15th August 2014, Volume 127 Number 1400

Rebecca Stewart, Manidipa Das, Michael Ardagh, Joanne M Deely, Stuart Dodd, Nadia Bartholomew, Scott Pearson, Ruth Spearing, Tracey Williams, Martin Than

Alcohol is deemed the most commonly-used recreational drug in New Zealand.1 with consumption per capita higher than in the United States of America and Canada. Up to 25% of New Zealand alcohol consumers are classified as heavy drinkers.2

Alcohol contributes to violence, suicide, injuries, approximately 60 medical conditions,2 and is responsible for over 1000 deaths and 12,000 years of life lost each year in New Zealand.3 Consequently, alcohol is thought to have a significant impact on New Zealand health systems, specifically on emergency departments (EDs).

Between 2006 and 2011, alcohol-related admissions to New Zealand hospitals increased by 18.4% with Canterbury District Health Board hospital alcohol-related admissions rising from 16,220 patients per year to 19,180. The cost of approximately 6000 patients was estimated at NZ$27.4 million,3 meaning around 20,000 patients would cost ~$80 million.

The Sale and Supply of Alcohol Act 2012 was passed partly to reduce the harm caused by alcohol.4 Among other measures, it gave territorial authorities the power to develop local alcohol policies (LAPs) to control licensing and restrict access to, and availability of alcohol.

The Christchurch City Council’s proposed LAP includes restrictions on trading hours, and is due to be implemented in 2014. To assess the impact of the LAP on drinking behaviours, it was considered necessary to characterise drinking behaviour before, and after, its introduction. This study is part of the ‘before’ component of such an assessment.

Christchurch Public Hospital is the largest tertiary, teaching and research hospital in the South Island. It has one of the busiest emergency departments (EDs) in Australasia, treating more than 83,000 patients a year. The purpose of this study was to determine the impact of alcohol-related presentations on the ED before the Christchurch City Council LAP implementation.

Methods

Patient enrolment—Over 42 8-hour shifts between 15 November 2013 and 9 December 2013, patients were enrolled who presented to the ED with recent alcohol consumption or alcohol-related medical conditions. Data collection was not consecutive, but totalled 2 full weeks of time with all three shifts covered per day. The shifts were defined as ‘day’ (8:00 to 16:00), ‘evening’ (16:00 to 23:00), and ‘night’ (23:00 to 8:00 the following day).

All patients were asked if they had consumed alcohol in the 4 hours prior to their time of triage, and if they thought their ED attendance was related to alcohol consumption. Clinician judgement contributed to answering the latter question. Patients were eligible for the study if they answered yes to one or both questions (defined as ‘screen-positive’). Of the screened-positive patients, if alcohol contributed to a patient’s reason for attending the ED, s/he was classified as ‘impact-positive’. Patients under the age of 16 were included only if both patient and parental consent were obtained.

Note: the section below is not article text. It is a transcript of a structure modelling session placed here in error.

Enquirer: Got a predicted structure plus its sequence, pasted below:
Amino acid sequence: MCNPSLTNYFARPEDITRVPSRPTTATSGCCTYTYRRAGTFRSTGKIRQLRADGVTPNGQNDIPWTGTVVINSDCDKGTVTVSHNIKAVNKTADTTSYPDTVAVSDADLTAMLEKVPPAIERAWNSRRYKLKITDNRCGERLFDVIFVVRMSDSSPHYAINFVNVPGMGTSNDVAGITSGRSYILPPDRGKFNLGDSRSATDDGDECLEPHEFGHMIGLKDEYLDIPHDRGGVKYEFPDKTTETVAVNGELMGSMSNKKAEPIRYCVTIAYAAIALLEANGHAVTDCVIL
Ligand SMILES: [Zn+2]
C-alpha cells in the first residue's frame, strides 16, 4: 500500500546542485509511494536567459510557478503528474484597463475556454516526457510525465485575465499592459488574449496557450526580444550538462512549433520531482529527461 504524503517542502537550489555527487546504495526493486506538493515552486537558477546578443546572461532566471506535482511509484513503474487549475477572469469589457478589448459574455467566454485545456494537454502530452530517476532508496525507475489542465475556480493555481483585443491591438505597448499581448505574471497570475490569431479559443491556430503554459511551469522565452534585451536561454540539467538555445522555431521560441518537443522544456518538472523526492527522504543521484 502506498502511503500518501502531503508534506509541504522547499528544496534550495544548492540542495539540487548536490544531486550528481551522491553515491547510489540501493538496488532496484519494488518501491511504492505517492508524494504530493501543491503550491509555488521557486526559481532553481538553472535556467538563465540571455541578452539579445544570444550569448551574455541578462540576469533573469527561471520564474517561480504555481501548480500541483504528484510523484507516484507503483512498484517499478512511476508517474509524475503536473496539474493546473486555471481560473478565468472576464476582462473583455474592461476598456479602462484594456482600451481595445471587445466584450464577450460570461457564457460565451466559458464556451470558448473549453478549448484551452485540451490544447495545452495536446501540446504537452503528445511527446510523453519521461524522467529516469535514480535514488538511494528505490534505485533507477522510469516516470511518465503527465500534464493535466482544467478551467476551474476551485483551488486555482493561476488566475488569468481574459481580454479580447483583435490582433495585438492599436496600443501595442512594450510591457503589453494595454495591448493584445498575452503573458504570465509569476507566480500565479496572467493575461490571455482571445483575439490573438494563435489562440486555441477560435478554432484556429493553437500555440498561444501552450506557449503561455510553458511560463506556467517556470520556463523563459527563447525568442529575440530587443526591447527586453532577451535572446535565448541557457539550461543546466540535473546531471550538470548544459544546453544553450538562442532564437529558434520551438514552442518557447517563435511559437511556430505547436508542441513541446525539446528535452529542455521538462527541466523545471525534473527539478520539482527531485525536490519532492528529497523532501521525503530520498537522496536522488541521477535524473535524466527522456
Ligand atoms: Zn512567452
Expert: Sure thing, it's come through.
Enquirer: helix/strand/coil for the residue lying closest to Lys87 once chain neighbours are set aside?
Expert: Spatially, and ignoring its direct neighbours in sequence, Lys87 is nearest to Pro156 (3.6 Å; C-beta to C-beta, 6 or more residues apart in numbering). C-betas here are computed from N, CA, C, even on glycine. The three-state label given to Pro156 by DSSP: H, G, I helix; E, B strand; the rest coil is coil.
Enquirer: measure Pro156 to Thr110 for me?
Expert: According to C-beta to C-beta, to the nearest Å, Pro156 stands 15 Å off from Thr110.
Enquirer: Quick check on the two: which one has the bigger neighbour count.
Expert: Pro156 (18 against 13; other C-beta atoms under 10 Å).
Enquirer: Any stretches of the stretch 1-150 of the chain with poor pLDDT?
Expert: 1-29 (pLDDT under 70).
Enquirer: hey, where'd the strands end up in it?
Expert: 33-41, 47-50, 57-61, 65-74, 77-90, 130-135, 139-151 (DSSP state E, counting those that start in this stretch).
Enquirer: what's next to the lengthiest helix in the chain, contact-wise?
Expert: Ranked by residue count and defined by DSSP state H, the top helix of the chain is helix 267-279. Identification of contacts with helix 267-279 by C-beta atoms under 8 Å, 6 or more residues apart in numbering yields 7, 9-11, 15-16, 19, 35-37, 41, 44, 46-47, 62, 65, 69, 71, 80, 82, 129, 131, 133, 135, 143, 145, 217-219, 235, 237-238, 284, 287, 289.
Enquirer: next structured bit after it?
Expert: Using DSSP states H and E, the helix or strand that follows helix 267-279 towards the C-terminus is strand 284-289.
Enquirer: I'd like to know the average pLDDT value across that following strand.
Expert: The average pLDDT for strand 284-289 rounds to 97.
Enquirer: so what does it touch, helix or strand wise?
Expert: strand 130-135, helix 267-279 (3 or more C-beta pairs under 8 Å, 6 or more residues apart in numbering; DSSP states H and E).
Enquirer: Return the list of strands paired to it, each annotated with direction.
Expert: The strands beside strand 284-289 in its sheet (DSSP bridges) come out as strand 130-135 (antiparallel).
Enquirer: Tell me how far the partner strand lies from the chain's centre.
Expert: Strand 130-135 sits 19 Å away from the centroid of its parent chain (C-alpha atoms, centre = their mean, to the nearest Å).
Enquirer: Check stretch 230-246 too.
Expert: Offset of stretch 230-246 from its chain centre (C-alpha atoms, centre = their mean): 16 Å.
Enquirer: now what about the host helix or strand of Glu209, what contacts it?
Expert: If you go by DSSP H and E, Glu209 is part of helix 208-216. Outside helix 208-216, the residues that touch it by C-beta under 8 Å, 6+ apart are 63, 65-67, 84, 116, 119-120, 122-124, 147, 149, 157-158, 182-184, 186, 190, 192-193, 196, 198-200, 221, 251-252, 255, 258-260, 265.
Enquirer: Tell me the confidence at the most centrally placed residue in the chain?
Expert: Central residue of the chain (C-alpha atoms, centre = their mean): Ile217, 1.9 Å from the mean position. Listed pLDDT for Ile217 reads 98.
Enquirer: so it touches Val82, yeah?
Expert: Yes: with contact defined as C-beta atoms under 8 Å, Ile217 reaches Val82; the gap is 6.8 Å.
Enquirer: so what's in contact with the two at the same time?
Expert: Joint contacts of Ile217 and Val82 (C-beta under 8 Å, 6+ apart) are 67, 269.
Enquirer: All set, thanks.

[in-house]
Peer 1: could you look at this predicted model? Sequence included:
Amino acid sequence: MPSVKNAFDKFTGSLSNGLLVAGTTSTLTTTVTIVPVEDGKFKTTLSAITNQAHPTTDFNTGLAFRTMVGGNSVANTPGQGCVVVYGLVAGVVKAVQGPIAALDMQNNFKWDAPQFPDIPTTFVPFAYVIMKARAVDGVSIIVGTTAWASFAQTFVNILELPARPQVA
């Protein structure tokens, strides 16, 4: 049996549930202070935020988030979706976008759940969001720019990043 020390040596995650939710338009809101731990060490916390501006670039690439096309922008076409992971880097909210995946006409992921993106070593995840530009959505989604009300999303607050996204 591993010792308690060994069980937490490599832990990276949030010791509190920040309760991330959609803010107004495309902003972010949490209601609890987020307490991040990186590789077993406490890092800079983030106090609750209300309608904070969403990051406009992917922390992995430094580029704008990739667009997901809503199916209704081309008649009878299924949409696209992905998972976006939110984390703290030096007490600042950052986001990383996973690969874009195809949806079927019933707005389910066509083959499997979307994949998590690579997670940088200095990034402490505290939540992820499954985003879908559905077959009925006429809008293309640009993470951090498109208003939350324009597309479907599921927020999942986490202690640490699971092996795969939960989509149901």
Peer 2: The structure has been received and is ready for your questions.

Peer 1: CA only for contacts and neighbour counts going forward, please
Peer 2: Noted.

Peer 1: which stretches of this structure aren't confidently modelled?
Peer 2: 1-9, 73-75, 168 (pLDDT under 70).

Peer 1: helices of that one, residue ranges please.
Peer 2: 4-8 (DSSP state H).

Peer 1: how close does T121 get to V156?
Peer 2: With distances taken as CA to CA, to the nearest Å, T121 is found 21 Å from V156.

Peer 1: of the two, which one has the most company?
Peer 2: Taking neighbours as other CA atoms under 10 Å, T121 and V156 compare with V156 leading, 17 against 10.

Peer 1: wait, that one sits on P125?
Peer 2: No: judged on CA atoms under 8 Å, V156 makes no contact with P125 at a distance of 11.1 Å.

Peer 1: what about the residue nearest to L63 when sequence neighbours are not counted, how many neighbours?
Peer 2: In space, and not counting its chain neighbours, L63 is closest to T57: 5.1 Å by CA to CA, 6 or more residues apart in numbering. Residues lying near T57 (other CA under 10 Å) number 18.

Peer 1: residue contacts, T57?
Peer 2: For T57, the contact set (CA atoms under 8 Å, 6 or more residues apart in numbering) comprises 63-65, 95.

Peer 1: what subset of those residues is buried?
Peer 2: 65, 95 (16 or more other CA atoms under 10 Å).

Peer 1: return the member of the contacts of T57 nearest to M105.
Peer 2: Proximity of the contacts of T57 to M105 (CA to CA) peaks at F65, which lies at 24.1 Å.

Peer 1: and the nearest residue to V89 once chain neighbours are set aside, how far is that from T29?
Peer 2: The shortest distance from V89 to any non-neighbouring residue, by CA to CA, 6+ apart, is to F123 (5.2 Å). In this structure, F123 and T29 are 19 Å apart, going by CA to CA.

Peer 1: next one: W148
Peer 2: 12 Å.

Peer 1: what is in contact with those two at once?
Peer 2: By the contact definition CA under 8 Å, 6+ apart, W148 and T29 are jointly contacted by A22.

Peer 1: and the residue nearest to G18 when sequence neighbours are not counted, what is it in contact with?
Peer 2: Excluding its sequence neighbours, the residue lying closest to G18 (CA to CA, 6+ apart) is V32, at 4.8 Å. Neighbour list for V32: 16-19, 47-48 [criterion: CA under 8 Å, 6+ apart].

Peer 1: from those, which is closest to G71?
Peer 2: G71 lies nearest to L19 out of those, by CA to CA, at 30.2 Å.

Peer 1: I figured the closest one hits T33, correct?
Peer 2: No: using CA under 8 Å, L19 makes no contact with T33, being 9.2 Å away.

Patients who could not be interviewed and had no family or friends available to assist with the interview were tracked retrospectively to determine their eligibility, using notes and staff consultation. If there was a strong suspicion of alcohol contributing to the presentation these patients were listed as ‘unknown.’ Similarly, any sober patients who had been drinking, but for whom it was unclear if their presentation was alcohol-related, were also classified as ‘unknown’. By recording these patients as ‘unknown’, the number of patients recorded as ‘alcohol impacted’ would be underestimated, but the possible extent of the underestimation would be defined.

The following information was recorded for all the patients enrolled in the study: admission date and time, National Health Index number, date of birth, age, gender, ethnicity, current residential address, reason for attendance, length of stay in the ED, and any disruptive behaviour. Disruptive behaviour was defined as physical or verbal abuse that intimidated ED medical and nursing staff, or a physical or verbal action that impeded the process of care (as reported by ED staff).

The study also aimed to determine the completeness of data routinely entered into the ED computers. Records were checked on alcohol consumption in the four hours before patients were triaged and the number of presentations where alcohol consumption contributed to the problem.

The ED computer system has fields for recording answers to these questions, which are filled when patients are discharged. Datasets were extracted from the computer system for both the study period and comparable time intervals outside the study period (Box 1), to determine if the presence of the researchers in the ED influenced record keeping.

 

Box 1. Time periods of clinical record analysis

Study period

Comparison period

15 November 2013 to 9 December 2013

26 November 2012 to 9 December 2012

Two weeks beforehand

Comparison period

28 October 2013 to 10 November 2013

29 October 2012 to 11 November 2012